Internet & Society: How Privacy with Identity Affects Us

The following was an essay for the course ICS 3 at the University of California, Irvine. I thought it would be a waste to let it sit on my hard drive, so here it is.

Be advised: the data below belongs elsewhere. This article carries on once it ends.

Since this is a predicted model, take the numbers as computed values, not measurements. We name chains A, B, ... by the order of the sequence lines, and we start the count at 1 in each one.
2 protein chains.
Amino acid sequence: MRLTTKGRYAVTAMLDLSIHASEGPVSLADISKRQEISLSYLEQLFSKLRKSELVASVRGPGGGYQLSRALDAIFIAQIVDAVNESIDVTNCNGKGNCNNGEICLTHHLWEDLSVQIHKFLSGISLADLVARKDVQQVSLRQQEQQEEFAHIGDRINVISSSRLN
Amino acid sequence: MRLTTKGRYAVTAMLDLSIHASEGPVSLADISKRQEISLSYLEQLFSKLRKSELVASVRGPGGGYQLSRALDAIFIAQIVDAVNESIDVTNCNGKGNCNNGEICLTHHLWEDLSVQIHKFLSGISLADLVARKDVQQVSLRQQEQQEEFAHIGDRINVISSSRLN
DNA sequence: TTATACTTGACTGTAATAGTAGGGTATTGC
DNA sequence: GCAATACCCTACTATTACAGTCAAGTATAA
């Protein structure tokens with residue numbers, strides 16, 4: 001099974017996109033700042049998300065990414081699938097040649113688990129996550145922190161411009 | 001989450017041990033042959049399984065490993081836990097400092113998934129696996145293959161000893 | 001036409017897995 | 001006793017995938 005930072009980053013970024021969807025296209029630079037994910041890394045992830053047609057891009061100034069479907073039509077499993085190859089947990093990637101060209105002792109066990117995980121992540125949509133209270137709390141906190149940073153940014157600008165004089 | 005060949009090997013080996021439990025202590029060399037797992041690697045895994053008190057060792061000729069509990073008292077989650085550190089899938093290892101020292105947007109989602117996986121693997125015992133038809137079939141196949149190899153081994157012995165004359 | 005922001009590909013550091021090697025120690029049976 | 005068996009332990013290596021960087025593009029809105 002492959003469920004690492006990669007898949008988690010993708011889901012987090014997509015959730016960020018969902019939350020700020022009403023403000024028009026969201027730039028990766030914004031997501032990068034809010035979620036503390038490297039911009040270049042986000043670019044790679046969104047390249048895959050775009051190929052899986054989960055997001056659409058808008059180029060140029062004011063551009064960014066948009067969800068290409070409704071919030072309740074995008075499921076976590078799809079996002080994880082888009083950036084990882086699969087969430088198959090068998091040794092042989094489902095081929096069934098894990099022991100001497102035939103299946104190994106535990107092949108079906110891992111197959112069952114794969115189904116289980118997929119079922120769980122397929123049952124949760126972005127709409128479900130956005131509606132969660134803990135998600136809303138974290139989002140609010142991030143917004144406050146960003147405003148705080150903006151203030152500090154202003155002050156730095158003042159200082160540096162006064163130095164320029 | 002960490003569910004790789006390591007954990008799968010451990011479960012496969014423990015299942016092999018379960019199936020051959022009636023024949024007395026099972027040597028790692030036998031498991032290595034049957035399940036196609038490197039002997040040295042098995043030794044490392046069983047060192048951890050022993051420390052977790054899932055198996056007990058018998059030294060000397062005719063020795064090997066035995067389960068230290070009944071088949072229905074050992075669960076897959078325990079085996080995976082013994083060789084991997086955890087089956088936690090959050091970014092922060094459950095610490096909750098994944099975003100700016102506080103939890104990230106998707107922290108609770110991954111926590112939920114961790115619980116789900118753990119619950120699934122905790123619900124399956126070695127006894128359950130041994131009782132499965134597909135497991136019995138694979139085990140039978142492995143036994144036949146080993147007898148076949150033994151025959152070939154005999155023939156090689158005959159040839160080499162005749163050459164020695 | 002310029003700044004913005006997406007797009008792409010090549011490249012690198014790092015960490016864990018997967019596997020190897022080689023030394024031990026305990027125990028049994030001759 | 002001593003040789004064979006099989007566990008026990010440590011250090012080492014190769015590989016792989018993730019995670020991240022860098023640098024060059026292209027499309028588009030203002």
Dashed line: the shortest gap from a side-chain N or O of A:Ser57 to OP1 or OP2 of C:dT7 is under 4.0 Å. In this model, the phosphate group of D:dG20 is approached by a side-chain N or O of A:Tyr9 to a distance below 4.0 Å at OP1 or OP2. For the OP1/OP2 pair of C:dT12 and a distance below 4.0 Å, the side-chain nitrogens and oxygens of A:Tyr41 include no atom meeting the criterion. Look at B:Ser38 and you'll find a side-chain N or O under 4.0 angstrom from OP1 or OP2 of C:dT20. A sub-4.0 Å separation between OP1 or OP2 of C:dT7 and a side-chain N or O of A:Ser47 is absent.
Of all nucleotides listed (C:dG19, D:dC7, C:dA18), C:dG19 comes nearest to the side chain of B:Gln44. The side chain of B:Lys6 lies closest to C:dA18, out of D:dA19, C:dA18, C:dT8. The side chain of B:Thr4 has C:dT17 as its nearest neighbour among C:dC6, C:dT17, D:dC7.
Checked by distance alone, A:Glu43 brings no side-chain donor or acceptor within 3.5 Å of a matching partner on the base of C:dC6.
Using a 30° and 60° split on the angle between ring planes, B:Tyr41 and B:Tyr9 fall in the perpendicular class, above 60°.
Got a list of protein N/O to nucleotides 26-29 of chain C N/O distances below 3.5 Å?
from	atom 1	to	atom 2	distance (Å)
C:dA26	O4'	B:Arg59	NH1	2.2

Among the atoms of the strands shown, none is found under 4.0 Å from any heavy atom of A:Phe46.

With the advent of the information age, rapid ways of sending, receiving, and storing data are easily accessible by most of, or even all of, society. This transference of zeros and ones, commonly called the internet, changes society in ways never seen before by humankind. Ultimately, when these internet technologies affect privacy, they affect identity as well; what a victim once thought was private information becomes part of a public, or online, persona. This online identity is very different from real life identities. This effect is induced from differences in privacy found at various points on the global network that is the Internet. Internet technologies affect society as a whole by changing identity through variances of privacy, creating online identities that are different from one’s physical identity.